Remote sensing of fires and smoke during the SCAR experiments [poster abstract]
Document Type: Conference Paper
Author(s): Y. Kaufman; R. Kleidman
Editor(s): L. F. Neuenschwander; K. C. Ryan; G. E. Gollberg
Publication Year: 2000

Cataloging Information

  • aerosols
  • air quality
  • biomass
  • Brazil
  • energy
  • fire case histories
  • fire equipment
  • fire management
  • gases
  • Idaho
  • JFSP - Joint Fire Science Program
  • MAS (MODIS Airborne Simulator)
  • radiation
  • remote sensing
  • SCAR - smoke clouds and radiation
  • smoke behavior
  • South America
  • wildfires
Record Maintained By:
Record Last Modified: June 1, 2018
FRAMES Record Number: 44226
Tall Timbers Record Number: 19555
TTRS Location Status: In-file
TTRS Abstract Status: Okay, Fair use, Reproduced by permission

This bibliographic record was either created or modified by the Tall Timbers Research Station and Land Conservancy and is provided without charge to promote research and education in Fire Ecology. The E.V. Komarek Fire Ecology Database is the intellectual property of the Tall Timbers Research Station and Land Conservancy.


The purpose of the fire phase of the Smoke Clouds and Radiation (SCAR) experiments is to develop a technique for the quantitative remote sensing of fires and fire emissions. The first of the three fire experiments occurred in 1994 in California and the Pacific Noithwest. This first experiment, called SCAR-C (California), involved remote sensing of prescribed and wild fires using two remote sensing instruments: AVIRIS (A Visible and InfraRed Imaging Spectrometer) and MAS (MODIS Airborne Simulator) aboard NASA*s ER-2 aircraft The imagers measured fire energy quantitatively by employing channels in the thermal and mid-IR, and quantified the smoke output by measuring smoke optical thickness using the visible channels The result clearly showed a relationship between fire thermal energy and the quantity of smoke produced. In the second experiment, SCAR-B (Brazil), we used the same instrumentation to observe thousands of fires in a tropical biomass burning region. The results provided a testbed to validate and improve the algorithms destined for use with actual spaceborne MODIS (MODerate Resolution Imaging Spectroradiometer) data. However, the abundance of background smoke aerosol in Brazil prevented analysis that could link fire thermal energy to smoke produced. In order to quantify this link, SCAR-99 will take place in the fall of this year in the Pacific Southwest. Just as with SCAR-C in 1994, we intend to observe several, well-characterized, individual fires. In addition to the instrumentation flown in the previous SCAR deployments we anticipate the inclusion of a new instrument, MOPITT-A, that will permit analysis of trace gases as well as the smoke aerosol emitted by the fires. © University of Idaho 2000. Abstract reproduced by permission.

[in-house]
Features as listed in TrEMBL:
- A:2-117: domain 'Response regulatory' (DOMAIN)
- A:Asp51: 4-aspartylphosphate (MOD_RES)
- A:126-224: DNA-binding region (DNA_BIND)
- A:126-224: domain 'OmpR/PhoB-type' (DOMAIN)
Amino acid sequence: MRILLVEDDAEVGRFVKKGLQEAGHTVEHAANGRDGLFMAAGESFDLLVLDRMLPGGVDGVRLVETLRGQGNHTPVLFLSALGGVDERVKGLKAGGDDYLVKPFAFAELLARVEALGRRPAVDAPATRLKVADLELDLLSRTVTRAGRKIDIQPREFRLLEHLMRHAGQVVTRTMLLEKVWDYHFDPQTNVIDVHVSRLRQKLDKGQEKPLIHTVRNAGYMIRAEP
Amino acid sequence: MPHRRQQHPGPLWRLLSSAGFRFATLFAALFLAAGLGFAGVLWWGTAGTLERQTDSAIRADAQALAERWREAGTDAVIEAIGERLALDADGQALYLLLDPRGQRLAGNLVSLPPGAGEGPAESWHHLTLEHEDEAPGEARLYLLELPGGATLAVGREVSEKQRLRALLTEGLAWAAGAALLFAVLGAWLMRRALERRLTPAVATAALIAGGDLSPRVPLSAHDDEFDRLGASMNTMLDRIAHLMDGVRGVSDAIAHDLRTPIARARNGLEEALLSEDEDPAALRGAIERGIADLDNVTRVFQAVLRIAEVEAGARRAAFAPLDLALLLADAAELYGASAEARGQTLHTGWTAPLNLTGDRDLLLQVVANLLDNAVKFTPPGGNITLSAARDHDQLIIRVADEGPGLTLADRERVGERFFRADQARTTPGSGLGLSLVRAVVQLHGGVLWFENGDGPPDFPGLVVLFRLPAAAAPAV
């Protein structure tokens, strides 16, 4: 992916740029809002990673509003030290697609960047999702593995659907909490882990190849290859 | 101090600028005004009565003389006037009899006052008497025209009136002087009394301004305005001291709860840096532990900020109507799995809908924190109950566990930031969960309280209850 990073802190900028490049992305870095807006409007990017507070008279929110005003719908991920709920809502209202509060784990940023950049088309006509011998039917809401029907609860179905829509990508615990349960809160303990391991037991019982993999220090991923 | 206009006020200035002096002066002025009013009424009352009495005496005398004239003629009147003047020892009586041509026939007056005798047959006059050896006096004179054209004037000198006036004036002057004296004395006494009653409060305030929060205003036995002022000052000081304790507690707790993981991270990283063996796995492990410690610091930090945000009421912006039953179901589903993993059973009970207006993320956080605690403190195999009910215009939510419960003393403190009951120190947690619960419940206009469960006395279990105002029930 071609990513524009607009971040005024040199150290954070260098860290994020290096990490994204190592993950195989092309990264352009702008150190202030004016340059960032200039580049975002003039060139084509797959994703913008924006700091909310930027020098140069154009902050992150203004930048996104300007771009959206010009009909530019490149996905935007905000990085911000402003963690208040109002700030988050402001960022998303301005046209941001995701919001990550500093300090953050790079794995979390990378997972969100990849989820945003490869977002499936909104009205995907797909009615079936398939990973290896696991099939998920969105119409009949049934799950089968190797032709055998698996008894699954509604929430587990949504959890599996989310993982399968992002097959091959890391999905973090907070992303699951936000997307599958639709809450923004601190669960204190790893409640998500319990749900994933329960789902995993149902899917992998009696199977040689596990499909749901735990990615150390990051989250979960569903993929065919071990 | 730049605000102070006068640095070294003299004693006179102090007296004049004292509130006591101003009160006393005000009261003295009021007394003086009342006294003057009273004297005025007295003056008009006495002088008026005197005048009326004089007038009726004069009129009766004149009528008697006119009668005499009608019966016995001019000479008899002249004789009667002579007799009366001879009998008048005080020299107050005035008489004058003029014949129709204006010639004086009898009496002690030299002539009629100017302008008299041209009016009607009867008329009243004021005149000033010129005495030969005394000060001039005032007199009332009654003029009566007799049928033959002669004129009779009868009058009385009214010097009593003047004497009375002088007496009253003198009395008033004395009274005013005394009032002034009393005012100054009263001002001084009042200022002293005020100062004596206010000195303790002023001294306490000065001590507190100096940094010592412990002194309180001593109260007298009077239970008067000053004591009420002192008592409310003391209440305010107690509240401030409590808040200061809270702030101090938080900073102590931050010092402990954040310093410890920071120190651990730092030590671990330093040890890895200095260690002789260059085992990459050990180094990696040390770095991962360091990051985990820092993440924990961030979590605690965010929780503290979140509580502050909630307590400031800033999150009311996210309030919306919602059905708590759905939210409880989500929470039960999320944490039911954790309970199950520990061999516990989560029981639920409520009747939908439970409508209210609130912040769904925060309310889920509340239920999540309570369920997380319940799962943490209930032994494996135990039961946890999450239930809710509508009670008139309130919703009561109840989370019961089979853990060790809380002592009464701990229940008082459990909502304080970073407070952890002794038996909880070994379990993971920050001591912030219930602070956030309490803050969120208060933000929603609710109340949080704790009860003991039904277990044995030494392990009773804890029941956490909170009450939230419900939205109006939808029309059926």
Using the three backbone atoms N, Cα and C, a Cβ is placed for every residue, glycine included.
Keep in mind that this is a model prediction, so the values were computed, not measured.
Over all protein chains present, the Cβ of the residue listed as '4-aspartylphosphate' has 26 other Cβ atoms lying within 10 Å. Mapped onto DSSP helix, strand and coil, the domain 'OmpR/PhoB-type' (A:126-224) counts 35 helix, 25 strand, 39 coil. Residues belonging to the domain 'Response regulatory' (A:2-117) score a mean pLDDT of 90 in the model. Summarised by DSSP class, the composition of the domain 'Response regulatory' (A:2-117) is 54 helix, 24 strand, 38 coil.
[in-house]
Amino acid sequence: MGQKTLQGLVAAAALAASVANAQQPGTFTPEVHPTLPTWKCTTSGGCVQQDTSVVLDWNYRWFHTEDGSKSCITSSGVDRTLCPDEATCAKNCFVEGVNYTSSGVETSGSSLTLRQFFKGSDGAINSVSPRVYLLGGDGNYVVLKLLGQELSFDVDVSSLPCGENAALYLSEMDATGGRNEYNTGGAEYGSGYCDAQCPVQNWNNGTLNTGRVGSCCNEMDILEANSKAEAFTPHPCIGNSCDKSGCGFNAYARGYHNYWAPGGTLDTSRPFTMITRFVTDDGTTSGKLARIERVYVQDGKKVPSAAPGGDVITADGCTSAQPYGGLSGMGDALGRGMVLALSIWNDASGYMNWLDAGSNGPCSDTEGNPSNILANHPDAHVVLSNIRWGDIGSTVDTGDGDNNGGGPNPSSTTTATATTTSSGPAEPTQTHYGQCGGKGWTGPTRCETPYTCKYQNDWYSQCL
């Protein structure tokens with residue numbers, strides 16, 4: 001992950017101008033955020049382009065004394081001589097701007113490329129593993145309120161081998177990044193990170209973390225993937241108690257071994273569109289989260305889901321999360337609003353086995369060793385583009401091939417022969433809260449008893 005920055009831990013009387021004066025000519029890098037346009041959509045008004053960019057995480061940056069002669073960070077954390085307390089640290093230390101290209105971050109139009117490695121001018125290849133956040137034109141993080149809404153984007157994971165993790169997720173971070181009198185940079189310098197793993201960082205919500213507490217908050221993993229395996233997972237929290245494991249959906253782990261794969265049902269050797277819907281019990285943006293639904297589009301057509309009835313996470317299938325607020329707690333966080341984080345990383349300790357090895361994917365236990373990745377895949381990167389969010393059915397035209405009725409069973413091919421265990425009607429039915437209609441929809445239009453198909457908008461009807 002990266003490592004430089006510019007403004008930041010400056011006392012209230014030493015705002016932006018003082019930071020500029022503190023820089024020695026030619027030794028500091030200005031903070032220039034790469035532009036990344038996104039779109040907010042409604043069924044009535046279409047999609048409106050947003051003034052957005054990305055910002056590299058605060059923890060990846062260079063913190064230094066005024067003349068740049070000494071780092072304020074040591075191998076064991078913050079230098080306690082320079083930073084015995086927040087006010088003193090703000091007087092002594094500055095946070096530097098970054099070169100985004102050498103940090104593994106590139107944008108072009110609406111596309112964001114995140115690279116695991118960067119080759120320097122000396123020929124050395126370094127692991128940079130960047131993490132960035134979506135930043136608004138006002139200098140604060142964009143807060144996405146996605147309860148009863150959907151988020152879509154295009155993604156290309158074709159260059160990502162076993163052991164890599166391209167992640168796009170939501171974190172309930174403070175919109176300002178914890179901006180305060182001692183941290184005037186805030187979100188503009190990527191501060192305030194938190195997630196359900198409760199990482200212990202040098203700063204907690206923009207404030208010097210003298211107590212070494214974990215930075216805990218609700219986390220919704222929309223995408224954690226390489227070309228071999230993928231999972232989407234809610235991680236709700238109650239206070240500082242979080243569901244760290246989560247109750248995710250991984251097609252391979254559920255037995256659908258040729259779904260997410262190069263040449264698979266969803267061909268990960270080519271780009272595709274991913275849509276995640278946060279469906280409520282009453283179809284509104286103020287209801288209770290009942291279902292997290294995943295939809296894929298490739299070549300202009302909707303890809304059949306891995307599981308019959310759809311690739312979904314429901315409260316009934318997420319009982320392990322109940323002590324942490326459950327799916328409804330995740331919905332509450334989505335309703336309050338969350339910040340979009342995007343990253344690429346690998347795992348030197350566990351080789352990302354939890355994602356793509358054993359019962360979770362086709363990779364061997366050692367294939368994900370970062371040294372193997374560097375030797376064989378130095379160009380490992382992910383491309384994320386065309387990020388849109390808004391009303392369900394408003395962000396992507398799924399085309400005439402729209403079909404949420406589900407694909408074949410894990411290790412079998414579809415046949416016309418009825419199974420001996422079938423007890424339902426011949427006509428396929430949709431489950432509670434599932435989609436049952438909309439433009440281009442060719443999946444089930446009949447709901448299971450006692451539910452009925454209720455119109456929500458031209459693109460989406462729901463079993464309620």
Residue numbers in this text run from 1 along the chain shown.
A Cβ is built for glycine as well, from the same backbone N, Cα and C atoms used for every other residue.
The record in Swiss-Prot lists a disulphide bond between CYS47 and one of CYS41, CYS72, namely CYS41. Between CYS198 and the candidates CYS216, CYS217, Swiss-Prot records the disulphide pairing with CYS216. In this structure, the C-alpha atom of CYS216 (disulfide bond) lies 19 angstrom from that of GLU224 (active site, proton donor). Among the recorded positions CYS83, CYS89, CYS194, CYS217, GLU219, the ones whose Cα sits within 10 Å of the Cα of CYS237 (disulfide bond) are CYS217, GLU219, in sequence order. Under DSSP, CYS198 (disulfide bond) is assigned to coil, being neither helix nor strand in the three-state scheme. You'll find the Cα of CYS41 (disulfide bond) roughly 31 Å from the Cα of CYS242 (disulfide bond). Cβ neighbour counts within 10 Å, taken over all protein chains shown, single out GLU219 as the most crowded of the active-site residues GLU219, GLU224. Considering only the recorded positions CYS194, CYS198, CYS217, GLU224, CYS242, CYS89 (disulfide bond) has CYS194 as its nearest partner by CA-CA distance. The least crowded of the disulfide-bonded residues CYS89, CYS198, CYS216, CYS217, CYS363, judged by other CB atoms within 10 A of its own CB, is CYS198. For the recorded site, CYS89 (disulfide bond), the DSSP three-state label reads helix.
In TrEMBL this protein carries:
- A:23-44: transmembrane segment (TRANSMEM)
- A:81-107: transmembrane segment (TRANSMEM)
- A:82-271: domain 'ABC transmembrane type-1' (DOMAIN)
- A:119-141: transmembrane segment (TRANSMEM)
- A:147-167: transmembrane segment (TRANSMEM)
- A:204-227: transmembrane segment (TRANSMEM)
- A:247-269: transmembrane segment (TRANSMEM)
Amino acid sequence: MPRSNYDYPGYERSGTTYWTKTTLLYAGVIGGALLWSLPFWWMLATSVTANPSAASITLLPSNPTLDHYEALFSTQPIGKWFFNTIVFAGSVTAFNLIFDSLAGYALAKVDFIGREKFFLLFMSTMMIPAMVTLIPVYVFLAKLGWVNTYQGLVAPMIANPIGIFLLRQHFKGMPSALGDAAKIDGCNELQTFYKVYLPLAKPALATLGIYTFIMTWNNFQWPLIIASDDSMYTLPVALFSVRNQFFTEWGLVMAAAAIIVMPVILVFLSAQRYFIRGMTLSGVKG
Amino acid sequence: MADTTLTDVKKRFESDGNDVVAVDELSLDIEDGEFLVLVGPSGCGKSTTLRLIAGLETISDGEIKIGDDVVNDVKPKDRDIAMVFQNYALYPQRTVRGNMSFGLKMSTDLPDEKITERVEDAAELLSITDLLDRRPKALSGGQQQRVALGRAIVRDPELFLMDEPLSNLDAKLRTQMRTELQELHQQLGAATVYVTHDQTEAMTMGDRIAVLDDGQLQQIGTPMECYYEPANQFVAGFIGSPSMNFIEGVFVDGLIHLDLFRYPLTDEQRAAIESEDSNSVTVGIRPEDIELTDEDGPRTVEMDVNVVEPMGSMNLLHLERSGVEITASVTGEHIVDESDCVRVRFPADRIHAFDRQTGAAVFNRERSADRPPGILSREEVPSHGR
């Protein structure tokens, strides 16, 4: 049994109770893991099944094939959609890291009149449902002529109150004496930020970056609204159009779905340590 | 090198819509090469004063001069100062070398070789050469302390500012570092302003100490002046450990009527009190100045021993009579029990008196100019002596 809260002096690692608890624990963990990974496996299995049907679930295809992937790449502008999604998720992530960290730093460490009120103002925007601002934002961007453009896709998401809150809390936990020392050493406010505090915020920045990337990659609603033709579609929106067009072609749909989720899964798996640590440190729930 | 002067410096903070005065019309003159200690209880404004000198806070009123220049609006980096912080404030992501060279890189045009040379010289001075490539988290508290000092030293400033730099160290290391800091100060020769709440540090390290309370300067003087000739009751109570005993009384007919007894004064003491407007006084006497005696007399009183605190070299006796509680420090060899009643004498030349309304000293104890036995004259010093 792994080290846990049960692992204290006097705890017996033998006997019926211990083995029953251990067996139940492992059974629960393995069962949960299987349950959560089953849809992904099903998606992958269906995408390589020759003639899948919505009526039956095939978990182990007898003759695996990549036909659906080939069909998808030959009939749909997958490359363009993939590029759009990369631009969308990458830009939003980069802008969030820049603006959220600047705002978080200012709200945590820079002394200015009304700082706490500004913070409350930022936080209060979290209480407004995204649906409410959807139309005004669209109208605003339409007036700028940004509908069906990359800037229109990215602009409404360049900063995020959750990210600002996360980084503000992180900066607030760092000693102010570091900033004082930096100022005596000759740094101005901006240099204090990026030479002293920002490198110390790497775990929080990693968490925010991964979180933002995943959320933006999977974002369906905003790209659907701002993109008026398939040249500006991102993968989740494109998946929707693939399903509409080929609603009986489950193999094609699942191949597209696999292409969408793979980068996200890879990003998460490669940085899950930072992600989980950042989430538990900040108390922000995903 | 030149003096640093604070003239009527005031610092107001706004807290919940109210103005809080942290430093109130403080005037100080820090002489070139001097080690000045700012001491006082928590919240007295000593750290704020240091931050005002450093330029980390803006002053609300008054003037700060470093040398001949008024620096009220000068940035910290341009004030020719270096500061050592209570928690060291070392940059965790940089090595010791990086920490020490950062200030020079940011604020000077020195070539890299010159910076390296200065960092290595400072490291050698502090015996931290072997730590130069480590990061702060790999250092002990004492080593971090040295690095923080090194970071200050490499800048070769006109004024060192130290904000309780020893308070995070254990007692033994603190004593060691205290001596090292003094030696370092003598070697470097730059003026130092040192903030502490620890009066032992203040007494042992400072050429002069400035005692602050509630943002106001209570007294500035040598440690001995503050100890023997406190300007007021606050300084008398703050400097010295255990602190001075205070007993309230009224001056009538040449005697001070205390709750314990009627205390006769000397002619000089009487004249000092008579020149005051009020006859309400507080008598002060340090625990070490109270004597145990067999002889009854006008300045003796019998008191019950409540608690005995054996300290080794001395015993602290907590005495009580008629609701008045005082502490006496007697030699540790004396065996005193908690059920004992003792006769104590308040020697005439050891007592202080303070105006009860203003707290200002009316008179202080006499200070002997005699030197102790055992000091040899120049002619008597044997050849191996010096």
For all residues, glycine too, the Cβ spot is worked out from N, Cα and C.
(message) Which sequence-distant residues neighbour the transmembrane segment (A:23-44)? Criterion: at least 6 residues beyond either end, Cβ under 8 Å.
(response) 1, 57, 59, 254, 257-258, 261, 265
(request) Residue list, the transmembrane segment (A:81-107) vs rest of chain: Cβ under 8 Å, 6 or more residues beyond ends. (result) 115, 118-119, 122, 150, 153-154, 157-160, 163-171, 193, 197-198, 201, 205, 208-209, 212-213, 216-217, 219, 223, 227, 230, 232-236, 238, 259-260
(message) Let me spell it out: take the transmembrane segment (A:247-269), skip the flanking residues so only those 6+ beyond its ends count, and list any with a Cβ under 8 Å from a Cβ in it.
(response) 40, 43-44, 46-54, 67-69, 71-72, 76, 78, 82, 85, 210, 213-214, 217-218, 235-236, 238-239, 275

Online Link(s):
Kaufman, Y., and R. Kleidman. 2000. Remote sensing of fires and smoke during the SCAR experiments [poster abstract], in Neuenschwander, L. F., Ryan, K. C., and Gollberg, G. E., Joint Fire Science Conference and Workshop Proceedings: 'Crossing the Millennium: Integrating Spatial Technologies and Ecological Principles for a New Age in Fire Management'. Boise, Idaho. University of Idaho and the International Association of Wildland Fire,Moscow, ID and Fairfield, WA. Vol. II, p. 286,